The Meteorological Department has asked local authorities and two ports to raise their highest alert, as the cyclone is set to unleash a storm surge as high as two metres (seven feet) in coastal districts on Saturday evening.
Packing a maximum wind speed of 120km/h (75m/h), Bulbul is on course to make landfall in the southwestern Khulna region, near the Sundarbans, the world’s largest mangrove forest, which straddles Bangladesh and part of eastern India and is home to the endangered Bengal tigers.
The cyclone is expected to hit the Bangladesh coast at about 8pm (14:00 GMT), Shah Kamal, the country’s disaster management secretary, told AFP news agency, adding there were plans to evacuate about 1.5 million people before that.
About 55,000 volunteers have been mobilised to go door-to-door and alert people about the storm.
Authorities have suspended a nationwide school test, cancelled the holidays of officials posted in coastal districts and called off a traditional fair that draws tens of thousands of people in the Sundarbans.
Operations at the country’s two major ports – Mongla and Chittagong – have been suspended, Kamal said.
Bangladesh’s low-lying coast, home to 30 million people, is regularly battered by powerful cyclones that leave a trail of devastation in their wake.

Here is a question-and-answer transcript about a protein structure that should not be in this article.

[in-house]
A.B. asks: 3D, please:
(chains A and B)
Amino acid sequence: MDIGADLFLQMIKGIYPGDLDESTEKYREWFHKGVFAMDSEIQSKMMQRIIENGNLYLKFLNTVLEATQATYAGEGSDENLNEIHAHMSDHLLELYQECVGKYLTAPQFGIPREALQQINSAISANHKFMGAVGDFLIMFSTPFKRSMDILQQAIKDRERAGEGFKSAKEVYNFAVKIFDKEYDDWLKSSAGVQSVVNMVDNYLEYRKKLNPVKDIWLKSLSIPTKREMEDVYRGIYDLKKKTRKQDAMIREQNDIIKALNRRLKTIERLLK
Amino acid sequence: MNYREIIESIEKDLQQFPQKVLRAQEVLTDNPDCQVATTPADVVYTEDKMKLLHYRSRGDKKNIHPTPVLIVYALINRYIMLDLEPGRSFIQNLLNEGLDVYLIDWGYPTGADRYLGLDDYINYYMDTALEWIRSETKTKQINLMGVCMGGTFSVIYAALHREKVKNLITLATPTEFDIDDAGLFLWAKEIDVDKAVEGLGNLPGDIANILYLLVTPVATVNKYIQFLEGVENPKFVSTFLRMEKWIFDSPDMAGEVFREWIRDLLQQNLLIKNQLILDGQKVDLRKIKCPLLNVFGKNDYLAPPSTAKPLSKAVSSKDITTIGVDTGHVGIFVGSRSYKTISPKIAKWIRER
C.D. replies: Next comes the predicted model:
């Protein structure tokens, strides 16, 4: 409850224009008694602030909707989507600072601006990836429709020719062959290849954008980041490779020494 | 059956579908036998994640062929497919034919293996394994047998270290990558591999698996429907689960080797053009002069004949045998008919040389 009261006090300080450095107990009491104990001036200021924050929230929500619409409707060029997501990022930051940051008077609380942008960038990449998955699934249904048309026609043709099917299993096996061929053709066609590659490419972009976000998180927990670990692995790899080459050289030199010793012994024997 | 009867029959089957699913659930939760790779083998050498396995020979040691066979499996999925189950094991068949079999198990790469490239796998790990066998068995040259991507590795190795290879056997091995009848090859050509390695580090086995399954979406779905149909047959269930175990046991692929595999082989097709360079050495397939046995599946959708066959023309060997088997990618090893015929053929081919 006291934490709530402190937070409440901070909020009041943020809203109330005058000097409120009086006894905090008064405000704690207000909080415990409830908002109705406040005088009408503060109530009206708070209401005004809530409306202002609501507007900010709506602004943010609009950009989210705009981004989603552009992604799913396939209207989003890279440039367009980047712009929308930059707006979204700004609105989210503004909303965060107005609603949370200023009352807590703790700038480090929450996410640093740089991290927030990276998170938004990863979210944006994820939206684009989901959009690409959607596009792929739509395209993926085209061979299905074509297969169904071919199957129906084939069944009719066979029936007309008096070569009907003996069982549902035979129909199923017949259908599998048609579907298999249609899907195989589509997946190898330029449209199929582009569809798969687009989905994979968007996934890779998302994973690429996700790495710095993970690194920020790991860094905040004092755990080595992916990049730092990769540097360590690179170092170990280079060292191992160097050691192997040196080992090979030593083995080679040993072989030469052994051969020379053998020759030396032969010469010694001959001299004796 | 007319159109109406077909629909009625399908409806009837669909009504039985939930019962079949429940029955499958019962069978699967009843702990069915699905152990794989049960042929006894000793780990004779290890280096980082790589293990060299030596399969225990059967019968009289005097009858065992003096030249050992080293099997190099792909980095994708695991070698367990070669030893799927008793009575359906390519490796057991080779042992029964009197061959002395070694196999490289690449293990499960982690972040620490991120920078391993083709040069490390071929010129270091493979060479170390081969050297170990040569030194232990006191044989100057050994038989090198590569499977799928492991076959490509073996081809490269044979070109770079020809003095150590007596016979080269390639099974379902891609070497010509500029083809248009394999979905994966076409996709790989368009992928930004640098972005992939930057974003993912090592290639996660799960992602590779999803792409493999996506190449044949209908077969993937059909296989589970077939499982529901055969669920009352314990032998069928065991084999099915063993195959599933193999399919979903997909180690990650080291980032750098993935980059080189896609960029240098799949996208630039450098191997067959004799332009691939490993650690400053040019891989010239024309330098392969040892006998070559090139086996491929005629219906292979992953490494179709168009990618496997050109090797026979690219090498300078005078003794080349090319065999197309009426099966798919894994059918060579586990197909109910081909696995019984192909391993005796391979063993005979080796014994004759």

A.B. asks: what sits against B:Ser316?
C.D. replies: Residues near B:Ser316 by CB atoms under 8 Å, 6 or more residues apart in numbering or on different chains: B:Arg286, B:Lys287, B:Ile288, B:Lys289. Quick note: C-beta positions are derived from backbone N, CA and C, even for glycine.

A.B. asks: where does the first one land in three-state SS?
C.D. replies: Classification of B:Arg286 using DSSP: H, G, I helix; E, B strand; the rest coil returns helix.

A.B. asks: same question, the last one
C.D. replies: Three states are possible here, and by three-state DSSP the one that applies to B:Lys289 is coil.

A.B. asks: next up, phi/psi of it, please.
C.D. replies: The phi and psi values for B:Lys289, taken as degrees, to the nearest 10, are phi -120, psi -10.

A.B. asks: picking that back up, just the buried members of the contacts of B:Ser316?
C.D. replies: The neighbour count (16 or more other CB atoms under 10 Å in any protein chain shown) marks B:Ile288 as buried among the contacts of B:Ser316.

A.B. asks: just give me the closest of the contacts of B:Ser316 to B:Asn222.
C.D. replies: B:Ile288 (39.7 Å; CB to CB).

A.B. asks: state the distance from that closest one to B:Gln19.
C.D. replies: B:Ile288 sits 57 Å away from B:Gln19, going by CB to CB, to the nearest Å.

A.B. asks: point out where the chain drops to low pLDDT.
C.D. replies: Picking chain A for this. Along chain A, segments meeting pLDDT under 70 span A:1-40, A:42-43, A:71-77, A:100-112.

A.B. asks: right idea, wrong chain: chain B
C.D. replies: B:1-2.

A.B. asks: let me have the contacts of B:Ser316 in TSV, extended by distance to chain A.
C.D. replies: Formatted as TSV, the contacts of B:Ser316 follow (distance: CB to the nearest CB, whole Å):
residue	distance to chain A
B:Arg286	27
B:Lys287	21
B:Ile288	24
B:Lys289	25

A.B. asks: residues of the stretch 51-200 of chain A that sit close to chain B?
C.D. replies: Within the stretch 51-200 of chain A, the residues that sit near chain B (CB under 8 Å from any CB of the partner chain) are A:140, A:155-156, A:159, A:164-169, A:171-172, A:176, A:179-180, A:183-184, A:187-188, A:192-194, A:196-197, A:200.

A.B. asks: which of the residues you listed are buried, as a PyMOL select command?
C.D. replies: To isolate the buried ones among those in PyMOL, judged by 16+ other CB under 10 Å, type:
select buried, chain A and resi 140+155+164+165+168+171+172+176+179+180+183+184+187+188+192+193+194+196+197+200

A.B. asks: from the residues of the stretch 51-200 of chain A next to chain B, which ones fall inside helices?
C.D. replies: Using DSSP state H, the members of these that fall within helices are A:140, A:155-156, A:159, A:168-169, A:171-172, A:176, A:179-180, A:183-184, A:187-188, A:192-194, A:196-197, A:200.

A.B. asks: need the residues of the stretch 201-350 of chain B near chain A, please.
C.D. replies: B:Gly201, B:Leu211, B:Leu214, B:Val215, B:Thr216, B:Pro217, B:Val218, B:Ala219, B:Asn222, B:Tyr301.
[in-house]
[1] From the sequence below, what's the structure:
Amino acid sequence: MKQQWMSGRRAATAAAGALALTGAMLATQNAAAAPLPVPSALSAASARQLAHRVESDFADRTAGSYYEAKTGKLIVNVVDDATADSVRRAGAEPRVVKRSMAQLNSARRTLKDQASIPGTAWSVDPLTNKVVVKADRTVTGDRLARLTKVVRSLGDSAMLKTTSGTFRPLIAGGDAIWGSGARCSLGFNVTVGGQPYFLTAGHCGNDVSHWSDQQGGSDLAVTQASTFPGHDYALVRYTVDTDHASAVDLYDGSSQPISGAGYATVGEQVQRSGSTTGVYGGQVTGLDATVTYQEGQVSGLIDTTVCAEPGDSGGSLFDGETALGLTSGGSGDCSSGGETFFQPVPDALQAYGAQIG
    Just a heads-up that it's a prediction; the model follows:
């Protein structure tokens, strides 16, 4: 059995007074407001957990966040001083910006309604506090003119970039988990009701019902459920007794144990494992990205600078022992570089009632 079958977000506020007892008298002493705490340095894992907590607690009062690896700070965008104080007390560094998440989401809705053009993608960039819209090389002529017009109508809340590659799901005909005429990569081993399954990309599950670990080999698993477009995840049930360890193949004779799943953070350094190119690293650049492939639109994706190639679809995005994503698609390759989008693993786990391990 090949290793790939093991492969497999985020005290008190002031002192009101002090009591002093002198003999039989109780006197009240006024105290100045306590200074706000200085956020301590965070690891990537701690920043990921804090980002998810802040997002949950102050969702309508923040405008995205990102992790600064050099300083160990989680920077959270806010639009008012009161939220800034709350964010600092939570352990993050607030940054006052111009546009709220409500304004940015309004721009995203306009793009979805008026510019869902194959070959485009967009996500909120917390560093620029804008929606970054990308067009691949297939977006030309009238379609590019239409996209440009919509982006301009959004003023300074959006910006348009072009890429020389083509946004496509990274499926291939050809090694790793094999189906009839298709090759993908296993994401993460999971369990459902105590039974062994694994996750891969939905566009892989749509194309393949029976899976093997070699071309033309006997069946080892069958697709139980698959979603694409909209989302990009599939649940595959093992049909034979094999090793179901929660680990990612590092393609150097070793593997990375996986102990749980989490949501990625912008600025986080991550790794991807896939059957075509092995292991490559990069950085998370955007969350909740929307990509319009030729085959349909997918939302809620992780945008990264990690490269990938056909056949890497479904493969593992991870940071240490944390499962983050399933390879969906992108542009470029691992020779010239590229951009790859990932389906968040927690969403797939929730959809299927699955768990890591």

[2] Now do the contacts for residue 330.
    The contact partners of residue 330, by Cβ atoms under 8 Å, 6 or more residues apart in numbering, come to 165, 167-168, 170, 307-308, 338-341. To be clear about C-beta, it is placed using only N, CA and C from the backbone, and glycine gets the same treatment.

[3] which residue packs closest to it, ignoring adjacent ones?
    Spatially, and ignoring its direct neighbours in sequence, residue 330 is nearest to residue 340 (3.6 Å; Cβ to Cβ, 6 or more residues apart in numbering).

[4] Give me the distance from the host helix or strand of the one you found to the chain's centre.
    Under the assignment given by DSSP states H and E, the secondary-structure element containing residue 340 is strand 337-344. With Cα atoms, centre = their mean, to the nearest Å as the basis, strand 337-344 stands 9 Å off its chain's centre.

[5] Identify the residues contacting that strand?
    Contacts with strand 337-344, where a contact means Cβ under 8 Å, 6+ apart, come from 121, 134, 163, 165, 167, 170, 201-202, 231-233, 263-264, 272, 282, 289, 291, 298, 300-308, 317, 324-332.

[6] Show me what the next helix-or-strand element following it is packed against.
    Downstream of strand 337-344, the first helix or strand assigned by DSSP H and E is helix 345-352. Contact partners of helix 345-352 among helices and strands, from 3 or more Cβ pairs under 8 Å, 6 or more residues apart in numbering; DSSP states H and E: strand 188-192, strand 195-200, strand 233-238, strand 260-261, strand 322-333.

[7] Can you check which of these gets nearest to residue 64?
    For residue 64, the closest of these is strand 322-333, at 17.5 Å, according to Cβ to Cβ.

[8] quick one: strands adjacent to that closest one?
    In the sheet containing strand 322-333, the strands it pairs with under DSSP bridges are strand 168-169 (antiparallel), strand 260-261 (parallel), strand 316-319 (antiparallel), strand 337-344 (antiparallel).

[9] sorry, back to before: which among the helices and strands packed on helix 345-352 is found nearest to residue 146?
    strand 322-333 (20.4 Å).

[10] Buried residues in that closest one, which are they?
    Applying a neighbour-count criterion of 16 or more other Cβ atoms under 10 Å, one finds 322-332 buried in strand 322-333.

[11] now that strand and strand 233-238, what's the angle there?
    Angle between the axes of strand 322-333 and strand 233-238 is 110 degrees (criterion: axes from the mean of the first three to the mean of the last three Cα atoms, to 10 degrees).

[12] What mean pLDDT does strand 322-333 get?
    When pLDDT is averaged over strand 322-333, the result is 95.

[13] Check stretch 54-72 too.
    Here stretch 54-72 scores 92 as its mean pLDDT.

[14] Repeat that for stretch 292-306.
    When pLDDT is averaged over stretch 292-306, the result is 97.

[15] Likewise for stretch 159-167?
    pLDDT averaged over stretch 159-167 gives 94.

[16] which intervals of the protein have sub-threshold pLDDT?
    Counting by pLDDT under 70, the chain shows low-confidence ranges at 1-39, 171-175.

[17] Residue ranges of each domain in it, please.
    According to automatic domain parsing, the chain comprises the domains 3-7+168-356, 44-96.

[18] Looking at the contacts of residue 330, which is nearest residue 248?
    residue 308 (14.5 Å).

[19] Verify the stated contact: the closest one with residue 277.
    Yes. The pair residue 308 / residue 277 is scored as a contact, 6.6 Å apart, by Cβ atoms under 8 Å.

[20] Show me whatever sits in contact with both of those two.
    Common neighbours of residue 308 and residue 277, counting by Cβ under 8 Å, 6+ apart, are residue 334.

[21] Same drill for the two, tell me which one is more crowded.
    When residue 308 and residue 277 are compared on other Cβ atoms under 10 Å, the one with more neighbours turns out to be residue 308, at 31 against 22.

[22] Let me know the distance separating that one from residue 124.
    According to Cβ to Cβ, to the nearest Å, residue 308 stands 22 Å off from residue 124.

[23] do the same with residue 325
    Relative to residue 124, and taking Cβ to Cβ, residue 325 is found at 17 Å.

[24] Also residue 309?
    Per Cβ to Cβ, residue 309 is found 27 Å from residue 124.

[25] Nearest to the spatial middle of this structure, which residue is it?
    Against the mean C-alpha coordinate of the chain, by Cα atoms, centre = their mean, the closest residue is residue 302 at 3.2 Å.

Hundreds of thousands of people have been killed over the last few decades in cyclones, whose frequency and intensity have increased.
Bangladesh has, however, improved its preparedness in recent years, cutting the number of casualties since Cyclone Sidr killed more than 3,000 people in 2007.
In May this year, Fani became the most powerful storm to hit the country in five years, but just over a dozen people were killed.
Authorities in Bangladeshhave so far evacuated about 100,000 people from its low-lying coastal villages and islands, according to officials, as the country braces for the arrival of Cyclone Bulbul. The Meteorological Department has asked local authorities and two ports to raise their highest alert, as the cyclone is set to unleash a storm surge as high as two metres (seven feet) in coastal districts on Saturday evening.